Gibson Les Paul Studio Review - Worth The Price?
Gibson inaugurated a guitar in 1983 that would become their best selling guitar, the Les Paul Studio. As you might guess from the name, the instrument was focused on delivering the Les Paul sound and feel for studio players who didn't really care about the classic Les Paul look.
Eschewing such adornments as body and neck binding, the Gibson Les Paul Studio carries most ingredients that add to the Les Paul tone.
For starters, the Les Paul Studio contains a neck that is reminiscent of a classic 50's Les Paul, which helps contribute to the instrument's chunky, thick tone. The 490T and 490R pickups also exude the Les Paul sound in both lead and rhythm work.
Despite its name, the Les Paul Studio has earned an excellent repute as a live guitar workhorse, due in no little part to its reduced weight. The chambered mahogany body make the Les Paul Studio an excellent guitar for gigging because it has the Les Paul sound without the Les Paul weight.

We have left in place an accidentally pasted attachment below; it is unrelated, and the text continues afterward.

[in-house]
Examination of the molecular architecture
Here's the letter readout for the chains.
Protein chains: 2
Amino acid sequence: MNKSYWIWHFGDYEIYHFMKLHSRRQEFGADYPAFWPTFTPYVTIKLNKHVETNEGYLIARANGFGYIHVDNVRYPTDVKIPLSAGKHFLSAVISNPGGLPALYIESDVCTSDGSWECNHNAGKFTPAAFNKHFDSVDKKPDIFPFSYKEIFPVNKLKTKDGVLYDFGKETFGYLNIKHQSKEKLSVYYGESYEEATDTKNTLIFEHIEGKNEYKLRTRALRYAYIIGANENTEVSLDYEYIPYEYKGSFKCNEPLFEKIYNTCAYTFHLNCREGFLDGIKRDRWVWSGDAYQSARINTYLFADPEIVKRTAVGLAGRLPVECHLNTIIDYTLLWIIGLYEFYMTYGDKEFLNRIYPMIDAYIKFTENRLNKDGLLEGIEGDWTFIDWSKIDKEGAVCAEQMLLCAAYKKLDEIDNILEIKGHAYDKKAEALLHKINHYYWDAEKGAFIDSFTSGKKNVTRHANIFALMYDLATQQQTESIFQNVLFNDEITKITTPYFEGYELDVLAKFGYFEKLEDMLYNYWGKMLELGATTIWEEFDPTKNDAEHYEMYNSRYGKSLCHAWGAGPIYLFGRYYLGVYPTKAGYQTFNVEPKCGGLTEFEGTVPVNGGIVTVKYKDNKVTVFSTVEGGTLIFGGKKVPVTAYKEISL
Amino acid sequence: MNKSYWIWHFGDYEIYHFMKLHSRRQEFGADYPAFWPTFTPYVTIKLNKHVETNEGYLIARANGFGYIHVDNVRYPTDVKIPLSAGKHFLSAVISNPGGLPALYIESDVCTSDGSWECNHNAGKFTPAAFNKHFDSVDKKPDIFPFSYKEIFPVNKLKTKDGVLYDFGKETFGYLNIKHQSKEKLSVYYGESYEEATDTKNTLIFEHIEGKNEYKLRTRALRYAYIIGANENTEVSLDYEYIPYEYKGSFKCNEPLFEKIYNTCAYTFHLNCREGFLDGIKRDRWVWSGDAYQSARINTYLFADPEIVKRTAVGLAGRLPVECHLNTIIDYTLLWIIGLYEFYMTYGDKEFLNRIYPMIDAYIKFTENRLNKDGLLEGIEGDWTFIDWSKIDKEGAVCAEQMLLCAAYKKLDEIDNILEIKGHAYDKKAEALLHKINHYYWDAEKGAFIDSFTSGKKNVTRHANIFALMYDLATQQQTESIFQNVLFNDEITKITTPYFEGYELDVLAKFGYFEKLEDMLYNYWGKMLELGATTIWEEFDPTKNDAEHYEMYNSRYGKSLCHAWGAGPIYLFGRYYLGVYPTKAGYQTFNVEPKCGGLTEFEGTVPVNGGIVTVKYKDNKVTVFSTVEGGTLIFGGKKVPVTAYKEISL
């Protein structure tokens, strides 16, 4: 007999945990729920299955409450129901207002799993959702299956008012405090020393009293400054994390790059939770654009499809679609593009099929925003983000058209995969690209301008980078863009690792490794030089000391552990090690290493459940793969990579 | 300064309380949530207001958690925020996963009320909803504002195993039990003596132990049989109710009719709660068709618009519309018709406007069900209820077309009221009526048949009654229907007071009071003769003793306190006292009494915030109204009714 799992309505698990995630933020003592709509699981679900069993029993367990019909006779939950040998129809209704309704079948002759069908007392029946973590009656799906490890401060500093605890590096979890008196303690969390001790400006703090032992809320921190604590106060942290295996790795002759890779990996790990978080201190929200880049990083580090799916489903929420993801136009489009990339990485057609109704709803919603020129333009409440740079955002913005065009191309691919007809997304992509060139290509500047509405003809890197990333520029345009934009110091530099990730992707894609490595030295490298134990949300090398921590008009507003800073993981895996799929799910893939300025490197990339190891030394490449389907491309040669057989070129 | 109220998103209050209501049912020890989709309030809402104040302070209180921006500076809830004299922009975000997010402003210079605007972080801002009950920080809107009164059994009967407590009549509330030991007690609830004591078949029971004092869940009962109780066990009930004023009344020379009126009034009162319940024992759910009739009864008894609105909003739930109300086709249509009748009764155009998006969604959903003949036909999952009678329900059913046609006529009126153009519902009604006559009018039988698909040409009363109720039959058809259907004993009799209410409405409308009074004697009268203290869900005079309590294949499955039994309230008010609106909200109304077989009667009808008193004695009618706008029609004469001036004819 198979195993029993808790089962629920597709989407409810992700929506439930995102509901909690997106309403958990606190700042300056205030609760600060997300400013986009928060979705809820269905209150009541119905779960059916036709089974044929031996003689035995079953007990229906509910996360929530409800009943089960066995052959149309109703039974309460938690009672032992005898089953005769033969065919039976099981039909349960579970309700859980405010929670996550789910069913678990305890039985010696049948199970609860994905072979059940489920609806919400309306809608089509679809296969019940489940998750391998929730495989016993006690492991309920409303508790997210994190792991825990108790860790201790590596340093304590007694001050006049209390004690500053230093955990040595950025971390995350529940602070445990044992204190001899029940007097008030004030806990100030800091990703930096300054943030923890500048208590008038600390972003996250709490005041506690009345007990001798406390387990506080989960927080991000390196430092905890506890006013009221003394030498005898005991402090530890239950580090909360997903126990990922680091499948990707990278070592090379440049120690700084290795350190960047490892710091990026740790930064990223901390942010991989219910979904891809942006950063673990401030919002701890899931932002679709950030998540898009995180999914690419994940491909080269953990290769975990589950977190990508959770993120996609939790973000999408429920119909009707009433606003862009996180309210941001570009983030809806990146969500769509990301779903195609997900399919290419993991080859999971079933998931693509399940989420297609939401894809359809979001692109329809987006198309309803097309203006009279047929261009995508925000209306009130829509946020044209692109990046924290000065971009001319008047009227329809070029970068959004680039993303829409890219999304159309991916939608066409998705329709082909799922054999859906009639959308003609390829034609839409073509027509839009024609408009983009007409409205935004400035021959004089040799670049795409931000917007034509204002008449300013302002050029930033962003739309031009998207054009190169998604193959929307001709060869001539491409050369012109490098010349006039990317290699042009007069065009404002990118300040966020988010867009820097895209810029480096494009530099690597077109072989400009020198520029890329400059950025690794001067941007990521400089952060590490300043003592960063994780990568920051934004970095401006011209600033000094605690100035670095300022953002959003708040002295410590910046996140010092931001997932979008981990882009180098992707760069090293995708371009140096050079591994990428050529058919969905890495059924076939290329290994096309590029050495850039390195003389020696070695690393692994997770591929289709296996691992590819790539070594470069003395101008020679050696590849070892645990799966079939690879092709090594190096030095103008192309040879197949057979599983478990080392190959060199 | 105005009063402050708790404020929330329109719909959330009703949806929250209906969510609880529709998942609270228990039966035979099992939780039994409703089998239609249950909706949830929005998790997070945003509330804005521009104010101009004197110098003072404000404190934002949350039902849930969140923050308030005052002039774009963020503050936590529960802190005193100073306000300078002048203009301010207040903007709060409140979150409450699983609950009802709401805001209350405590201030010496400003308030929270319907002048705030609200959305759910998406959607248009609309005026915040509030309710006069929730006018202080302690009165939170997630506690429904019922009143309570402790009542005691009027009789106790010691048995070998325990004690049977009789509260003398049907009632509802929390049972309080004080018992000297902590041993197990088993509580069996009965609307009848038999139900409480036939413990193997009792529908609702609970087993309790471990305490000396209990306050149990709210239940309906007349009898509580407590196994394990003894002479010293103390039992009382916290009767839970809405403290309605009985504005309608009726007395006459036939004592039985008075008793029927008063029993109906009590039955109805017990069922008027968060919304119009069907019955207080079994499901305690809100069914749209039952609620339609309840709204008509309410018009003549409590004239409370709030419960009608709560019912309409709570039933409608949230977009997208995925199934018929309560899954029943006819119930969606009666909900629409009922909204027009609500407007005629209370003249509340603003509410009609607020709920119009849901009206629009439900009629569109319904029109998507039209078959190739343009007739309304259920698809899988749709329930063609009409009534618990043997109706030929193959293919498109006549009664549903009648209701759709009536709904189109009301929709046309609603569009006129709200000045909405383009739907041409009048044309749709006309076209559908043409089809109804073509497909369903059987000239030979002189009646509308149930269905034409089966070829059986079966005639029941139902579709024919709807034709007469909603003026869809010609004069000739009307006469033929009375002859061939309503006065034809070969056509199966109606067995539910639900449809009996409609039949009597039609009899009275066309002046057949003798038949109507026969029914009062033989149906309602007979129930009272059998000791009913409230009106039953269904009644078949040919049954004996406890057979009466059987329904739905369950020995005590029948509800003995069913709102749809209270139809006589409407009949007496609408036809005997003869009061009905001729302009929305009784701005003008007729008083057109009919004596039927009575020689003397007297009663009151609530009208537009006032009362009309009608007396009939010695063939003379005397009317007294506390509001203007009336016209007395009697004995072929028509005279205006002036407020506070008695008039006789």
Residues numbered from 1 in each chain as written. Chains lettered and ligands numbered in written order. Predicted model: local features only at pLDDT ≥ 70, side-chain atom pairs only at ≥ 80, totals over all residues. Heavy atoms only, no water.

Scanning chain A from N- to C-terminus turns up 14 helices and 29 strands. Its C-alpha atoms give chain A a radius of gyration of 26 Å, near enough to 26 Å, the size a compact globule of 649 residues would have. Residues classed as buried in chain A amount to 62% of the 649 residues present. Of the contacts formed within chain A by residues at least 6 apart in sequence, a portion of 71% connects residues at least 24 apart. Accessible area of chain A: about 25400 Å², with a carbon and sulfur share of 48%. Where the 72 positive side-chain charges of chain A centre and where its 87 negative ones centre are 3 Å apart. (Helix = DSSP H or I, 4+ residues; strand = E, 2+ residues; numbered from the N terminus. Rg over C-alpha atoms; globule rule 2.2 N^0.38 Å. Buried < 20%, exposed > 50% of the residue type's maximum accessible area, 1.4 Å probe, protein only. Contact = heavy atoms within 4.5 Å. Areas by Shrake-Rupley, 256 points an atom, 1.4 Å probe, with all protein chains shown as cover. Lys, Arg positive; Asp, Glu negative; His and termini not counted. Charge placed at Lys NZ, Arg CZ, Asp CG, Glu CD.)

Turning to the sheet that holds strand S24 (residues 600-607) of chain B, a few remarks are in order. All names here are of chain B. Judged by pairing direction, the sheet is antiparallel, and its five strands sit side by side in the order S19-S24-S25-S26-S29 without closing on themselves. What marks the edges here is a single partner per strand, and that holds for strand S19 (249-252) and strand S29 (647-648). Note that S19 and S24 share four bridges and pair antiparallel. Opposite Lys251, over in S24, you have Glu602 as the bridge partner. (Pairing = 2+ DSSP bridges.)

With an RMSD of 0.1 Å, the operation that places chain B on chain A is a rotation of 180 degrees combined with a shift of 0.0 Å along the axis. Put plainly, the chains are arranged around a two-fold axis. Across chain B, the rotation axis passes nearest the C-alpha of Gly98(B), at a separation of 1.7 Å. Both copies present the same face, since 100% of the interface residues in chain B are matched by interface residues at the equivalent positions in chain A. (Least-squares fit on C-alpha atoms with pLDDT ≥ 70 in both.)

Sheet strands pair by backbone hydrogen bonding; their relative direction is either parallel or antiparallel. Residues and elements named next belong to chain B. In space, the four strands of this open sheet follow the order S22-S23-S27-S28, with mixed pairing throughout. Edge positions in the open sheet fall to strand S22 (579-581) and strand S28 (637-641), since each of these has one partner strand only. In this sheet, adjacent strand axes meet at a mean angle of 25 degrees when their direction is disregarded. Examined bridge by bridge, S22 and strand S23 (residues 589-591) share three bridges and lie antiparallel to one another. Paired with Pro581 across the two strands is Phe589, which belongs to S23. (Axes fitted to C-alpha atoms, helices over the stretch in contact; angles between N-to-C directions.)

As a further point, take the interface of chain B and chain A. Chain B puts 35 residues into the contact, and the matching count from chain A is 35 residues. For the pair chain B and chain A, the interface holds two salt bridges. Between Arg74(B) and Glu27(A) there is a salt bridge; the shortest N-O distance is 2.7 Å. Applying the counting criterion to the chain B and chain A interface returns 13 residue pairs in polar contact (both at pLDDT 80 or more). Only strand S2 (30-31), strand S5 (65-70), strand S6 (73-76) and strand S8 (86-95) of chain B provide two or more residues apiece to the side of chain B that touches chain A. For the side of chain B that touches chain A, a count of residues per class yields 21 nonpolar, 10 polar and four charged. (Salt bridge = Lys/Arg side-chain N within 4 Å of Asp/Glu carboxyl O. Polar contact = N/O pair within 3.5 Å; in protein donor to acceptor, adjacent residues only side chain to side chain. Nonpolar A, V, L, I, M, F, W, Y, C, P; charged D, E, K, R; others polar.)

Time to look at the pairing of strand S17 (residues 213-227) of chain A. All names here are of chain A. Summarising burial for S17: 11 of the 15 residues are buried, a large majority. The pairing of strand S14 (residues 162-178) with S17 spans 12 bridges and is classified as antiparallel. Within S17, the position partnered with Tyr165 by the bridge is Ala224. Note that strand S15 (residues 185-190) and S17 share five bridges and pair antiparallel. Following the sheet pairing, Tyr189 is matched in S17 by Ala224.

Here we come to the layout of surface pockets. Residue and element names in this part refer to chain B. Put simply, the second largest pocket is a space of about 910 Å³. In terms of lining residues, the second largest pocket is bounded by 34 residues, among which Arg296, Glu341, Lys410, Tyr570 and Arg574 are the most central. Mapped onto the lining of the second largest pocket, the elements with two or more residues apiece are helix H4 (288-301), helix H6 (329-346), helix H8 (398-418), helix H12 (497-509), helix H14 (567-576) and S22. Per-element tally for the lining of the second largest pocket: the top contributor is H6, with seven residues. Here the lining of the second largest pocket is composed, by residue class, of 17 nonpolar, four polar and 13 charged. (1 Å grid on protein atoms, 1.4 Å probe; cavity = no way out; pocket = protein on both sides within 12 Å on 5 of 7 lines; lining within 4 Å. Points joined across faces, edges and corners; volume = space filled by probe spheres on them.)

We surveyed a Les Paul Studio with a black finish and gold hardware, and we were very pleased with our discoveries. The fit and finish were simply first rate. The fretwork was immaculate and we couldn't find a single defect with the finish.
We particularly liked the rosewood fingerboard with its distinctive trapezoid inlays. It unquestionably had the Les Paul feel and sound. We thought it felt like a Les Paul that should cost twice what it did.
So, the most substantial differences between a Studio model and, say, a Les Paul Standard are the neck binding and the lighter weight. The neck binding is just a matter of appearances and doesn't affect sound or playability, and many people really favor the Les Paul Studio because of its lighter weight.
It's easy to understand why the Les Paul Studio is one of Gibson's most popular models, and we give it our heartfelt recommendation.